CoronaVirus

KFF COVID-19 Vaccine Monitor: Parents and the Pandemic

The KFF COVID-19 Vaccine Monitor is an ongoing research project tracking the public’s attitudes and experiences with COVID-19 vaccinations. Using a combination of surveys and qualitative research, this project tracks the dynamic nature of public opinion as vaccine development and distribution unfold, including vaccine confidence and acceptance, information needs, trusted messengers and messages, as well as the public’s experiences with vaccination.

Key Findings

  • As children around the country head back to school, nearly half of parents of children ages 12-17, the age group currently eligible to receive a COVID-19 vaccine, say their child has already been vaccinated (41%) or they will get the vaccine right away (6%). The vaccination status of children closely mirrors that of parents, with larger shares of older parents, Democrats, those with higher incomes and college degrees (all demographic groups with higher vaccine rates among adults), saying their child is vaccinated compared with their counterparts. Nearly four in ten Republican parents (37%) and half of parents who are unvaccinated themselves say they will “definitely not” get their 12-17 year-old vaccinated.
  • Parents of younger children who are not yet eligible to be vaccinated continue to take a cautious approach to COVID-19 vaccines, with four in ten parents of children under 12 saying that once a vaccine is authorized for their child’s age group they will “wait a while to see how it is working” before getting their child vaccinated. About half of parents, regardless of their child’s age, say they are very or somewhat worried about their child getting seriously sick from coronavirus.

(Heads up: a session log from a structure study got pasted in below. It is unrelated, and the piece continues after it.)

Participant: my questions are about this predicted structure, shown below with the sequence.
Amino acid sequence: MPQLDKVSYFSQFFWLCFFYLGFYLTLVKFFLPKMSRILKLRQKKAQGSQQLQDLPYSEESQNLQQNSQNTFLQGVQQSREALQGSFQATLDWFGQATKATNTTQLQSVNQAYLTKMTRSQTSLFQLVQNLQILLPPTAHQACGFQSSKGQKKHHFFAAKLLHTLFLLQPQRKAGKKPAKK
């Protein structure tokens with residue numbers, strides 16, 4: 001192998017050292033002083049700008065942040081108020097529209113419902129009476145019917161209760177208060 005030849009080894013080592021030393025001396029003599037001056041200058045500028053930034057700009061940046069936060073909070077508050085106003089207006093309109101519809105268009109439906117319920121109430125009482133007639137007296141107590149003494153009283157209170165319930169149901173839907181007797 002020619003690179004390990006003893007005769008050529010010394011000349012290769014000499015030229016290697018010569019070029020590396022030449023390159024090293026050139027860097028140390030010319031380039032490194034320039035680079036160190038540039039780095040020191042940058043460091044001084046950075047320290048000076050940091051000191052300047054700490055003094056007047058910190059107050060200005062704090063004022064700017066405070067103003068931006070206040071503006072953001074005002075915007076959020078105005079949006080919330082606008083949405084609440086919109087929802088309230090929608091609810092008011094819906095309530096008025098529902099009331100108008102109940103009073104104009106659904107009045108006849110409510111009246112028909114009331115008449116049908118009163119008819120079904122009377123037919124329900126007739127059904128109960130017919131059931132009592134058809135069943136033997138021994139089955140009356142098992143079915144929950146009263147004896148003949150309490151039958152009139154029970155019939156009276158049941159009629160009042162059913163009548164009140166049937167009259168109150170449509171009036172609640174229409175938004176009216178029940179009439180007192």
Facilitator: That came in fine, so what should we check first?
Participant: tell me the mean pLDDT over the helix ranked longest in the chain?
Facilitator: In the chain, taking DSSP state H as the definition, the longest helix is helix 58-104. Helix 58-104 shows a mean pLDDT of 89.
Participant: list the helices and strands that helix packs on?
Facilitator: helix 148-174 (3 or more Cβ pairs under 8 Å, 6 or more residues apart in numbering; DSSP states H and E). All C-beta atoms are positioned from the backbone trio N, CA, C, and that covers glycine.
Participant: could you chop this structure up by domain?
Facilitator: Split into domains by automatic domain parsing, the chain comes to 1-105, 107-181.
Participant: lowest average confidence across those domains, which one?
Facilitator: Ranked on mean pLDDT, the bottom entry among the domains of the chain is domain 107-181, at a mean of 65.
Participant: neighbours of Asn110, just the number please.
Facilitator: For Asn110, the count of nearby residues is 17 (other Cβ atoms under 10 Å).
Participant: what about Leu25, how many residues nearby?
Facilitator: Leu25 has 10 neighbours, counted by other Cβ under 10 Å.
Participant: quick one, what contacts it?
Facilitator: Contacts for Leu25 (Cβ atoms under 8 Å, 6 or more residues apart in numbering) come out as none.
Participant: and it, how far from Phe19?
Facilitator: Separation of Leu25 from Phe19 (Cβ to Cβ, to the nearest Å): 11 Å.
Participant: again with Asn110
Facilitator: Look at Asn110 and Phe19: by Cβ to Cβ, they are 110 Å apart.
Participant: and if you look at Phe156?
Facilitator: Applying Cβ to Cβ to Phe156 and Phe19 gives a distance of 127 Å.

• For parents of unvaccinated teens, their top concerns about the COVID-19 vaccine center around the potential for long-term or serious side effects in children. However, we also find that as surveys of adults have identified, Hispanic and Black parents are more likely than White parents to cite concerns that reflect access barriers to vaccination, including not being able to get the vaccine from a trusted place, believing they may have to pay an out-of-pocket cost, or difficulty traveling to a vaccination site. A larger share of Hispanic parents than White parents also reports being concerned about needing to take time off work to get their child vaccinated.